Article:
You should not be guilty of negligent discharge of a firearm if you fired a warning shot for self-protection, property protection, or another person protection as per Penal Code 246.3. Your prosecutor must prove to the jury that you grossly discharged your firearm willfully to cause harm. Your attorney must prove the following circumstances to the tribunal for this means of defense to be applicable:

  • The defendant was reasonably convinced that he had to fire a gun to defend his/her self from imminent danger
  • You were reasonably convinced that another person was in imminent danger of being killed or sustaining body injuries
  • You did not apply any more force that is unreasonably unnecessary when defending yourself or another person against imminent danger
  1. You Did Not Fire the Gun Intentionally

If you reasonably believed that the firearm was not loaded when you fired a shot, you should not be held guilty for the negligent discharge of a firearm. Defendants are guilty for violation of Penal Code 246.3 if they willfully and intentionally discharge a firearm in an unreasonably and grossly negligent manner.

  • There Was no Risk of Bodily Injury or Death of a Person

You are guilty of the negligent discharge of a firearm if you posed a risk of bodily injury or death to people. If the incident of the alleged charges took place somewhere isolated where there is no possible foreseeable harm could happen to someone else, the defendant is not guilty of violating Penal Code 246.3. Your prosecutor must prove that you willfully discharged your firearm with intent to cause harm for you to be charged guilty of this criminal offense.

Offenses Related to Negligent Discharge of a Firearm

  1. Shooting at Occupied Cars and Inhabited Dwellings

You are guilty for violation of Penal Code 246 PC when you willfully and maliciously discharge your firearm at an inhabited dwelling or occupied car even if no one was inside. Discharge of a firearm at inhabited dwelling is a severe criminal offense than the negligent discharge of a firearm offense. Penalties for this crime can attract a sentence of either six months, up to a year in the county jail, and three to seven years imprisonment. Because penalties for this crime are severe, criminal defense attorneys always attempt to get this Penal Code 246 violation charges reduced to Penal Code 243.6 violation whose charges are less severe.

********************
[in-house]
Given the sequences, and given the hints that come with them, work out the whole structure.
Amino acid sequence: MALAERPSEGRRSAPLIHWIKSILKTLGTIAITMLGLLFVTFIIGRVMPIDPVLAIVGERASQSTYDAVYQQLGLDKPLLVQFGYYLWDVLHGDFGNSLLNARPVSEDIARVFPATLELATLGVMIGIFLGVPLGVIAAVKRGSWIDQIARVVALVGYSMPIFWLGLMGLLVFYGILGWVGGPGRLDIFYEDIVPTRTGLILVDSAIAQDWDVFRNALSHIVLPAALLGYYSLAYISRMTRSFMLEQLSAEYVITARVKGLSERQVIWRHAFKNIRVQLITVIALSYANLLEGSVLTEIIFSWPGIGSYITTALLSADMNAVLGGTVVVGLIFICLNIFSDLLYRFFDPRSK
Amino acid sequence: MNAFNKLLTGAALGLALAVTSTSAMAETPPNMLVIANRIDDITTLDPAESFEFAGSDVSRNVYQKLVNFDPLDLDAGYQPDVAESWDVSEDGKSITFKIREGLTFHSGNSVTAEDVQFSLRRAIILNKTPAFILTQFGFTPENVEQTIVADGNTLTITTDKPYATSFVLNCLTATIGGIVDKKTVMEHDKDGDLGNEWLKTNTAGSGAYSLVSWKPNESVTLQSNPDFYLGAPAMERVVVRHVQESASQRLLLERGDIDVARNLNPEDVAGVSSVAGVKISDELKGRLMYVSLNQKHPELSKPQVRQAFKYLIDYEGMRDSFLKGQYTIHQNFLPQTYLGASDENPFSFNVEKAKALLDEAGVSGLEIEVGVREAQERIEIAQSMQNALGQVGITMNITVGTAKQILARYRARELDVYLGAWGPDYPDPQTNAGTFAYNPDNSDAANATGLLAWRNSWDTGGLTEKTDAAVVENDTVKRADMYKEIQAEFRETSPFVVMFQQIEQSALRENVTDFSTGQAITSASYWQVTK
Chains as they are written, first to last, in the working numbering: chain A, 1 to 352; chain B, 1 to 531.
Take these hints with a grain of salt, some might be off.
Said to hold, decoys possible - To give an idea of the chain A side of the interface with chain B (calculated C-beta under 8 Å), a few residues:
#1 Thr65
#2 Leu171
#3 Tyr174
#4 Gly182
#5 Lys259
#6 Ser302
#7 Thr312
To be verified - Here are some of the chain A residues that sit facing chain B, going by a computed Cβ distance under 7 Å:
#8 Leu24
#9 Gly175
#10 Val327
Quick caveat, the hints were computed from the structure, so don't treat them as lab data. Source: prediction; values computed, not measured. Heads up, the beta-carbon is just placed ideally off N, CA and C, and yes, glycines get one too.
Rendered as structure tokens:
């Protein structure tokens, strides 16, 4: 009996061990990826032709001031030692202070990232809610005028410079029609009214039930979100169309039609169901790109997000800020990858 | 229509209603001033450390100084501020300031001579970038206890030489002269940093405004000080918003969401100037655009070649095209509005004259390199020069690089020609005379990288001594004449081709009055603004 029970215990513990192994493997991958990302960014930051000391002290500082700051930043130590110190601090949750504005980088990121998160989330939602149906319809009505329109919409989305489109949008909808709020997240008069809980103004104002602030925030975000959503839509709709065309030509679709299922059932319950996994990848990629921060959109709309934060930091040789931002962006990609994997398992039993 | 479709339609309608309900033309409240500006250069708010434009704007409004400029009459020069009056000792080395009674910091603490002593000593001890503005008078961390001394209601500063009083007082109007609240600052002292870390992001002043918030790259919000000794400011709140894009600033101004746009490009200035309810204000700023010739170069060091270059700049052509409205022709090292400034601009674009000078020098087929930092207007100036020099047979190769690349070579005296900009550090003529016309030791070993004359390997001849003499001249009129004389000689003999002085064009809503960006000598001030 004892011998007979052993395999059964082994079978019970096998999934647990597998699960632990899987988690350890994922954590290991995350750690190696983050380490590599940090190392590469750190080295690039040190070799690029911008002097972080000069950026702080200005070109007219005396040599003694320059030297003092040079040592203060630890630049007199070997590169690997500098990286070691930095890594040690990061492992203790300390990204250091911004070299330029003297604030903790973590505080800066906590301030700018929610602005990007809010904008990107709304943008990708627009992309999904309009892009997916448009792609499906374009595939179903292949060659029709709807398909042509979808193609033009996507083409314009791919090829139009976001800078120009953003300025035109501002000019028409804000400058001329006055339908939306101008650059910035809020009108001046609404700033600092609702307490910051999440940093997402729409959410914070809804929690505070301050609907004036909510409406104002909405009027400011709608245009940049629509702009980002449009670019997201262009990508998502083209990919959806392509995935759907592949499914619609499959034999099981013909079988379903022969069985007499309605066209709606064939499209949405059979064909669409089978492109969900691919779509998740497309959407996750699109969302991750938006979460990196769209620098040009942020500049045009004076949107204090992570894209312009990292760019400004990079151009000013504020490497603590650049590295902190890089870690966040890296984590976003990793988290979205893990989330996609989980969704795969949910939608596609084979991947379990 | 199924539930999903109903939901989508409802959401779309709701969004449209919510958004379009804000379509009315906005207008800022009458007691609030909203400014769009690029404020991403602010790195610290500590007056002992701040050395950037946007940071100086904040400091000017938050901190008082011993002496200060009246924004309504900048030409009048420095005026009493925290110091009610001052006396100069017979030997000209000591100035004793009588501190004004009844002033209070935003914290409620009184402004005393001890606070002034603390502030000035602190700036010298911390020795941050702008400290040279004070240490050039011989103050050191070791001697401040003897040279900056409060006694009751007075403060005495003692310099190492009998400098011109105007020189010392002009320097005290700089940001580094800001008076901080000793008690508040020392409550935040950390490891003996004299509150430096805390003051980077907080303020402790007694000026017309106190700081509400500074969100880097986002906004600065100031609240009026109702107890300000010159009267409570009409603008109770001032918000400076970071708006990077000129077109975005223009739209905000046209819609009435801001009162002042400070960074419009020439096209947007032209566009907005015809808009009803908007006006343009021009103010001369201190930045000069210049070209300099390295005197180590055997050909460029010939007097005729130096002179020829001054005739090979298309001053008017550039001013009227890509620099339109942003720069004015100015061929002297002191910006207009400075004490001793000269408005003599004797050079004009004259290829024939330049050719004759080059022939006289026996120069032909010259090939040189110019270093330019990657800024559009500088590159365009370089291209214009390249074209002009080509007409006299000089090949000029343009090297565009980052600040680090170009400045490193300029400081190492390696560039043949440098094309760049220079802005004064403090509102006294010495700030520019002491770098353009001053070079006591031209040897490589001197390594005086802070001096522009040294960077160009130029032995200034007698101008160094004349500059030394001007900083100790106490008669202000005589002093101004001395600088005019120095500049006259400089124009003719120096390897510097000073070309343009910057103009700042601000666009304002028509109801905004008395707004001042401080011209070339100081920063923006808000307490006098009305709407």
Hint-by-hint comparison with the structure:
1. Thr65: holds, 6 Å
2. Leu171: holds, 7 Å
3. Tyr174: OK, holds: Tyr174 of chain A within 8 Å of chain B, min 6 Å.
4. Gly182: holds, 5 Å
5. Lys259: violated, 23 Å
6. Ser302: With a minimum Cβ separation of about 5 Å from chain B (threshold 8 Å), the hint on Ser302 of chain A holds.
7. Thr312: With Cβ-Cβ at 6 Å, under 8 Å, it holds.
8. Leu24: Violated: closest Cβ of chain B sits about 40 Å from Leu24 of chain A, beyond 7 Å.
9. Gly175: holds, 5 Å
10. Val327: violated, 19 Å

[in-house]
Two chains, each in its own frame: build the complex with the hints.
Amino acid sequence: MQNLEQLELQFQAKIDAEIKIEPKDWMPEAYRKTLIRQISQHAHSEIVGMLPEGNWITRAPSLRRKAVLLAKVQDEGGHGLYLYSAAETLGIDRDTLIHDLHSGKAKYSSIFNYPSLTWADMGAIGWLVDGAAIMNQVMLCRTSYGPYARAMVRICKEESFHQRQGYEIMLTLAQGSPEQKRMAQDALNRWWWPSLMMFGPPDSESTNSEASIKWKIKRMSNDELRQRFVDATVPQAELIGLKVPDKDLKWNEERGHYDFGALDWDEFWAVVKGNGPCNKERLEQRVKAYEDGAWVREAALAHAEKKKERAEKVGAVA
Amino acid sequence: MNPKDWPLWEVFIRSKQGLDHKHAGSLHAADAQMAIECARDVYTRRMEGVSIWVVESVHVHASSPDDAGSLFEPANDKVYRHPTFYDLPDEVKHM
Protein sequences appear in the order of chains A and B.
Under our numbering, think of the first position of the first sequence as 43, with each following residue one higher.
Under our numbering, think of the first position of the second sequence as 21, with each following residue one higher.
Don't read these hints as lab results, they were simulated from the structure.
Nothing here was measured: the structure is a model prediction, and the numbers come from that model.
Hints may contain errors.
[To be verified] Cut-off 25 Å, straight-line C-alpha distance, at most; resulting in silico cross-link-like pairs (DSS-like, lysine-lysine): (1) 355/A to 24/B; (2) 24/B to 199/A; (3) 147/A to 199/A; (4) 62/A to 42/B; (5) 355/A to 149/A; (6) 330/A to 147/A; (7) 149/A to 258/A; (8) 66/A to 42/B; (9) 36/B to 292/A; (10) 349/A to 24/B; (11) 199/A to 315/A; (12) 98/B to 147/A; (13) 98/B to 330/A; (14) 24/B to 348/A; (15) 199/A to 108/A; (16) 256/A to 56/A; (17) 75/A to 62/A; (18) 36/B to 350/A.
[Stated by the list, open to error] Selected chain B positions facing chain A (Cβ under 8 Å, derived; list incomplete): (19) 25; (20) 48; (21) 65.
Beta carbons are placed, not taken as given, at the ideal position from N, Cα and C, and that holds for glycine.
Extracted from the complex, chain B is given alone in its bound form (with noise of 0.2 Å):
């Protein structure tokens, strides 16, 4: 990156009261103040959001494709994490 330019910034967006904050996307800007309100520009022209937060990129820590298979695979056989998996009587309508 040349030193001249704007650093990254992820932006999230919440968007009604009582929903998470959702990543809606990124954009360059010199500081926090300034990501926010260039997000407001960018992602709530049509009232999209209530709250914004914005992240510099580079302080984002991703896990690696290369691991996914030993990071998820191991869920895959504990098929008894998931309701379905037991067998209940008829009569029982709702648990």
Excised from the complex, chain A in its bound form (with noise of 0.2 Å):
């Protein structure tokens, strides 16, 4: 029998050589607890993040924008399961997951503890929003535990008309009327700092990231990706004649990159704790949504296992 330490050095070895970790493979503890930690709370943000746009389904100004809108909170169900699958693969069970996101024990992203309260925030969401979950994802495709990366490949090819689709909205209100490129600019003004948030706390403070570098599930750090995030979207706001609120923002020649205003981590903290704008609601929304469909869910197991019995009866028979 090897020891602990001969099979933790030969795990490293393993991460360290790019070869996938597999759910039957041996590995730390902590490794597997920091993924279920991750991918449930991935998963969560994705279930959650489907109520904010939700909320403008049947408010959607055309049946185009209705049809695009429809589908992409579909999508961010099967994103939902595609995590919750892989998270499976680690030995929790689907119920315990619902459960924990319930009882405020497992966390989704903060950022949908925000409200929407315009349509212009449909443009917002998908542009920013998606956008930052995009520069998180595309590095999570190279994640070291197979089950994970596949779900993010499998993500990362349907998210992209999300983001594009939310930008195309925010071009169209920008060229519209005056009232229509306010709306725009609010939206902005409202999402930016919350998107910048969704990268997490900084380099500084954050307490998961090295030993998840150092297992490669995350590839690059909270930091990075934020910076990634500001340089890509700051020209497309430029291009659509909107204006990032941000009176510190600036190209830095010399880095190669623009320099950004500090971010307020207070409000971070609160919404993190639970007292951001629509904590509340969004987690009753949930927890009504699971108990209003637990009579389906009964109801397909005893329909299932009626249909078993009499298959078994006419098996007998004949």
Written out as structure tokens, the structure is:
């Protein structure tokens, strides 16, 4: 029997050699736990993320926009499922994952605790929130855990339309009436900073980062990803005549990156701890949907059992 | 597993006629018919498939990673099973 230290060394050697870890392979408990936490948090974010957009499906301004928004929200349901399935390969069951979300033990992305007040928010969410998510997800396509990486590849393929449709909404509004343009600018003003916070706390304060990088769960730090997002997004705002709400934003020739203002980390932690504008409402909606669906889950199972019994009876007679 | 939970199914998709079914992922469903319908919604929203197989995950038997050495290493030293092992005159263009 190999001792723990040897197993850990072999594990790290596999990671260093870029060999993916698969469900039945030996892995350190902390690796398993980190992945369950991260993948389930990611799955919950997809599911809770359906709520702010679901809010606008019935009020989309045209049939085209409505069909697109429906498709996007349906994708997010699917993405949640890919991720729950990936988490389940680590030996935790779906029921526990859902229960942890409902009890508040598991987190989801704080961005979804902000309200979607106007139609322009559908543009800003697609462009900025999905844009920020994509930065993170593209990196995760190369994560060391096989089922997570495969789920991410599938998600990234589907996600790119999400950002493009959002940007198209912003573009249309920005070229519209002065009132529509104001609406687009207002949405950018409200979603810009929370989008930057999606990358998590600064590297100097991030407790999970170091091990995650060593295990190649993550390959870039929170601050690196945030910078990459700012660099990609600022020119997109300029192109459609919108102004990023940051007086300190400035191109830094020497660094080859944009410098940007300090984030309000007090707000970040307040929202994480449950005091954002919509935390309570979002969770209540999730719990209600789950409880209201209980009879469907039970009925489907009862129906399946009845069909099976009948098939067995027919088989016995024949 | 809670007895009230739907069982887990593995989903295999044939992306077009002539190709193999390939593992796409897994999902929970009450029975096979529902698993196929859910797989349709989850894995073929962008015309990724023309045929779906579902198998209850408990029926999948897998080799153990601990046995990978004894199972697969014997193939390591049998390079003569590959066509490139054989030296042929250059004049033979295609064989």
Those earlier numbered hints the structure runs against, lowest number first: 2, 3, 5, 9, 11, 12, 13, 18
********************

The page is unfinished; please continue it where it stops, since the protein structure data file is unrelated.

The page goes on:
1. Felony Convict in Possession of a Gun

California gun laws prohibit convicted felons from possessing firearms. If you buy or own a firearm as a convicted felon, you violate Penal Code 29800 PC, which is a crime. Felony convicts are some of the people prohibited from gun possession due to their criminal history. Violation of this penal code makes you subject to sixteen months, two to three years in the state prison, depending on the circumstances of the alleged charge.

  1. Felony Murder

Under California, “felony murder rule,” if the defendant accidentally kills another person while committing other inherent dangerous felonies such as negligent discharge of a firearm, he/she should be convicted. You’re guilty of this criminal offense if you do the following:

  • Directly kill someone while in the commission of a felony or an attempted felony
  • Aiding in killing or you were a significant participant in a killing
  • The crime victim was a peace officer who was in his line of duty
  1. Brandishing a Weapon